|About this Recording
8.553153 - PUCCINI, G.: Tosca (Highlights) (Miricioiu, Lamberti, Carroli, Rahbari)
Opera in 3 Acts
famous singer - Nelly Miricioiu, Soprano
Giacomo Puccini was born in Lucca in 1858 into a family with long-established musical traditions extending back at least to the early eighteenth century. It was natural that he should follow this tradition and become a musician, and after the death of his father, when the boy was five, it was arranged that he should inherit the position of organist at the church of St. Martino, which meanwhile would be held for him by his uncle. He was trained as a chorister and as an organist, and only turned to more ambitious composition at the age of seventeen. A performance of Verdi's opera Aida in Pisa in 1876 inspired operatic aspirations, which could only be pursued adequately at a major musical centre. Four years later he was able to enter the conservatory in Milan, assisted financially by an uncle and by a scholarship. There his teachers were Antonio Bazzini, director of the conservatory from 1882 and now chiefly remembered by other violinists for one attractive addition to their repertoire, and Amilcare Ponchielli, then near the end of his career.
Puccini's first opera was Le villi, an operatic treatment of a subject better known nowadays from the ballet Giselle by Adam. It failed to win the competition for which it had been entered, but won, instead, a staging, through the agency of Boito, and publication by Ricordi, who commissioned the opera Edgar, produced at La Scala in 1889 to relatively little effect. It was in 1893 that Puccini won his first great success with his version of the Abbé Prévost's Manon Lescaut, a work that established him as a possible successor to Verdi. La Bohème followed in 1896.
Tosca, which was first staged in Rome in 1900, was based on a successful play by the French dramatist Victorien Sardou (1831-1908), a work designed as a vehicle for Sarah Bernhardt, as was much else that Sardou wrote. Ricordi had originally intended that the opera should be written by Alberto Franchetti, who enjoyed considerable fame in Italy at the time. By subterfuge Franchetti was dissuaded from the project by what Ricordi suggested to him of its unsuitability as a subject for opera, and the way was open for Puccini to undertake the composition, once La Bohème was out of the way. The libretto was by Giuseppe Illica and the poet Luigi Giacosa, writers who had collaborated with others on the text of Manon Lescaut and had written La Bohème, and were hereafter to continue working with Puccini with Madama Butterfly in 1904.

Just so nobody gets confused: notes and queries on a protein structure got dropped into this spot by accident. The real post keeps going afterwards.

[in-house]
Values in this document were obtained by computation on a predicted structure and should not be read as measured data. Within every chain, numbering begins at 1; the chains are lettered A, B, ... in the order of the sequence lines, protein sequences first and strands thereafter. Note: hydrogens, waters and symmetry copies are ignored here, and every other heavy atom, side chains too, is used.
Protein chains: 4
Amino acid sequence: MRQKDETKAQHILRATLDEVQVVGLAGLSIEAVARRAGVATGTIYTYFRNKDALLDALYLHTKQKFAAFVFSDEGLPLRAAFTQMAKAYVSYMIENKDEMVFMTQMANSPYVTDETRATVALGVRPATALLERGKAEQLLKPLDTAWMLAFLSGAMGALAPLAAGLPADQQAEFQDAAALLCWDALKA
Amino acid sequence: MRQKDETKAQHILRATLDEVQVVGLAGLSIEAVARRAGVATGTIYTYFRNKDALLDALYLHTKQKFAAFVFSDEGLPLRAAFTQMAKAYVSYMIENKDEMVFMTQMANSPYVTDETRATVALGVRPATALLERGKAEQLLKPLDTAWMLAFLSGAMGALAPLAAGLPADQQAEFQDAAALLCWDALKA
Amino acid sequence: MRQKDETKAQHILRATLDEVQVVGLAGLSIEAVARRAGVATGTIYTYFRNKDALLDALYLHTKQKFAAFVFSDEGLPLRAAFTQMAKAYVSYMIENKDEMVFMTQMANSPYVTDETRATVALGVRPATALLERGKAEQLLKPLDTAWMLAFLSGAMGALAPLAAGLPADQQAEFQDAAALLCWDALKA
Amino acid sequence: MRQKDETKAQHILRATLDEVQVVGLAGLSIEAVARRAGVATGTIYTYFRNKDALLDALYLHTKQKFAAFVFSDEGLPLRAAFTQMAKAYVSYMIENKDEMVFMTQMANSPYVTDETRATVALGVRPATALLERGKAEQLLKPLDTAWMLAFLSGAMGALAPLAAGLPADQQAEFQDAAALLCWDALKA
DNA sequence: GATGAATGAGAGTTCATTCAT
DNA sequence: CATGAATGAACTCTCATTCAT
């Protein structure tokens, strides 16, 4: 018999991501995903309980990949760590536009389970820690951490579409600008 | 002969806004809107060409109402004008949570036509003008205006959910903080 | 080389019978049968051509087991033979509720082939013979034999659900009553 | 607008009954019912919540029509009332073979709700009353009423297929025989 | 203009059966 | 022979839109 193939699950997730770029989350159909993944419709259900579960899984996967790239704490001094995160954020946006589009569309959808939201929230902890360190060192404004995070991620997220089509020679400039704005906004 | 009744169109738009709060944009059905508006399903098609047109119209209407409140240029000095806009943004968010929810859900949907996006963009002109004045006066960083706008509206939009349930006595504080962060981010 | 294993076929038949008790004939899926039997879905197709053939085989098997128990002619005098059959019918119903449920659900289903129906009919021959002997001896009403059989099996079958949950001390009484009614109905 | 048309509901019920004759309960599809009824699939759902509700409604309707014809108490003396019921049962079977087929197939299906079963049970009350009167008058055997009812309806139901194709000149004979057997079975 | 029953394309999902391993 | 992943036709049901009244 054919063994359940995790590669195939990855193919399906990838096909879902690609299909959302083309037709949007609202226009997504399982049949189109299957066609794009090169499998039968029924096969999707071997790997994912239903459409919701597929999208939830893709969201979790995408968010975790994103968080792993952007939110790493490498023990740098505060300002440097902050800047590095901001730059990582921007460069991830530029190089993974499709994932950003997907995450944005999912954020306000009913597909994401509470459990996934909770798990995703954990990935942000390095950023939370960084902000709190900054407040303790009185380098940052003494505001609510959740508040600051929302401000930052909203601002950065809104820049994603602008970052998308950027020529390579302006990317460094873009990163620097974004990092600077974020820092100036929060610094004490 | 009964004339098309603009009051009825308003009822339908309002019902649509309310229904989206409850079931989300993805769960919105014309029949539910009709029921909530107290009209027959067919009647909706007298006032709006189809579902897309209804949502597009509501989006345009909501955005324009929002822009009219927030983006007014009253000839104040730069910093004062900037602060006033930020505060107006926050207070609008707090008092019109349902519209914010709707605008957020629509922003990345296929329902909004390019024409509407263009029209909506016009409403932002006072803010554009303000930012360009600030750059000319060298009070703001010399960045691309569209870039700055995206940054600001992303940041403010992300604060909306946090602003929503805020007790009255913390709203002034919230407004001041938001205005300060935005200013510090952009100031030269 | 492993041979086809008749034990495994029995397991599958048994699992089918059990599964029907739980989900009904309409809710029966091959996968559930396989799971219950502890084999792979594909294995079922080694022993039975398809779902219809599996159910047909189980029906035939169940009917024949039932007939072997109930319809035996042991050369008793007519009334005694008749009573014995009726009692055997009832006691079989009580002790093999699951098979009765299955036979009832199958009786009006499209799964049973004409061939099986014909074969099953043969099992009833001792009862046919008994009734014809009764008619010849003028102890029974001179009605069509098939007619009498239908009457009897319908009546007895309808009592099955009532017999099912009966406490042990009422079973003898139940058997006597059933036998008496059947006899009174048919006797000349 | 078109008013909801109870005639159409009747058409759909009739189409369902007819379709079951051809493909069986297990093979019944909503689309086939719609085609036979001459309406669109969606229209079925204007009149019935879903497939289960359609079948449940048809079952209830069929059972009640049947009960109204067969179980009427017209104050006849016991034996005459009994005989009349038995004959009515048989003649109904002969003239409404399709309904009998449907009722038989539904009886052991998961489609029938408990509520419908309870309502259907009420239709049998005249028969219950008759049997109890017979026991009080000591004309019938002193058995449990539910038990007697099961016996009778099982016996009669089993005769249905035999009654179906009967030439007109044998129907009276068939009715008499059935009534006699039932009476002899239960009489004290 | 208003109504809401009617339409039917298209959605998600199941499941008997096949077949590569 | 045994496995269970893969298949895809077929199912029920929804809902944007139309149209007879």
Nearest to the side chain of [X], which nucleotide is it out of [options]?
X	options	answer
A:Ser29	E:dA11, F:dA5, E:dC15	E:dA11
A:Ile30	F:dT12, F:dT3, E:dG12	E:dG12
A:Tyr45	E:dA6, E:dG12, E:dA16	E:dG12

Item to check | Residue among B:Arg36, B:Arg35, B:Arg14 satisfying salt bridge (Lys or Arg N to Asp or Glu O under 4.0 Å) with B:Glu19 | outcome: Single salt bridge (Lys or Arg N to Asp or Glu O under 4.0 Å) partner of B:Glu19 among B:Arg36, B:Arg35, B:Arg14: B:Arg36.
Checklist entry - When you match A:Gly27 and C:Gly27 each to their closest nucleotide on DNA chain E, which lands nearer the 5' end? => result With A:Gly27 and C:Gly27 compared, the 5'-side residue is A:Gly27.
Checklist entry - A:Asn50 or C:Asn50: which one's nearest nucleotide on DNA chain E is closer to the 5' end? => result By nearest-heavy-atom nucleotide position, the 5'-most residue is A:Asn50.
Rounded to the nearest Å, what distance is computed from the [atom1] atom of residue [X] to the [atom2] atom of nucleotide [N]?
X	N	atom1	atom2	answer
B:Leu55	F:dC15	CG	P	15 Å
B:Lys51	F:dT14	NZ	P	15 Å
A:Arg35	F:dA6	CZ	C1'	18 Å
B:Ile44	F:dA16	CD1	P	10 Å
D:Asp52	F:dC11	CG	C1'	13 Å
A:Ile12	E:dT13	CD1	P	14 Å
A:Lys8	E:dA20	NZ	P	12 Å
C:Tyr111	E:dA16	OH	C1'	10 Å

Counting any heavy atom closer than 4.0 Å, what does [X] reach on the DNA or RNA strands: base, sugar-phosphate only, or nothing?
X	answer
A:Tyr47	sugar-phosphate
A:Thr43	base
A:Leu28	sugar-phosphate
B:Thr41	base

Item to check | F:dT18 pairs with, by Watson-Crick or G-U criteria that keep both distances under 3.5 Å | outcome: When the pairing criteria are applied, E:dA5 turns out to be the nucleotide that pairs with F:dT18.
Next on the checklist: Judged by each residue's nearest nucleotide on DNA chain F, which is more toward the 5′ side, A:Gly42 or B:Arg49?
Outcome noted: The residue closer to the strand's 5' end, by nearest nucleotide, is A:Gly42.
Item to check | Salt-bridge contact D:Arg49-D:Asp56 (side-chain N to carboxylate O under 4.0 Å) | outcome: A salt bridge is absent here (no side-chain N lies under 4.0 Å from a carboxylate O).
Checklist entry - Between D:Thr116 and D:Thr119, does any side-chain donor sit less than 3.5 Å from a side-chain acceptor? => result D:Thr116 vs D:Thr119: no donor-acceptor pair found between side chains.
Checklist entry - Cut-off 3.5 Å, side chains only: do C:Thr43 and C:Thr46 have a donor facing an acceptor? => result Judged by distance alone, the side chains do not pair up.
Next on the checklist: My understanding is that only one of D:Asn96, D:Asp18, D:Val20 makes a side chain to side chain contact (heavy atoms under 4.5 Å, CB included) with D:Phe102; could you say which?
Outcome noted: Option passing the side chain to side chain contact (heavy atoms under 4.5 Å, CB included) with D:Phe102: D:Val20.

Tosca was first staged at the Teatro Costanzi in Rome with some success, in spite of threats of bombing at the first night, presumably because of the political and anticlerical implications of the plot, which is set in Rome. Critical opinion has been mixed. Mahler refused a performance at the Vienna Court Opera, leaving Zemlinsky to conduct the first Vienna performance at the Volksoper in 1907, while the scholar Joseph Kerman has described the piece as "a shabby little shocker".
The first scene of the opera is set in the Church of Sant' Andrea della Valle in Rome. On the right is the Attavanti Chapel and on the left a scaffolding with a large painting on it, covered with a cloth, with painter's brushes and colours and a basket on the platform. The republican nobleman Angelotti, who has escaped from prison, steals in and conceals himself in the family chapel. The Sacristan complains about the work made for him by the artist Cavaradossi, who now comes in and sets to work on his painting of St. Mary Magdalen, which, to the scandal of the old Sacristan, bears a close resemblance to a gentlewoman who comes each day to pray, the sister of Angelotti ("Sante ampalle") [Track 1]. Cavaradossi takes out a miniature of Tosca, at which he gazes, praising her beauty ("Recandita annania"), and comparing her with the subject of his portrait, while the Sacristan complains of this blasphemy. As he goes, the fugitive nobleman Angelotti emerges from hiding, eventually recognised by Cavaradossi, who quickly moves to shut the church door, giving him his own basket of food. As the voice of Tosca is heard outside ("Mario! Mario! Mario!") , he hurries Angelotti into hiding once more.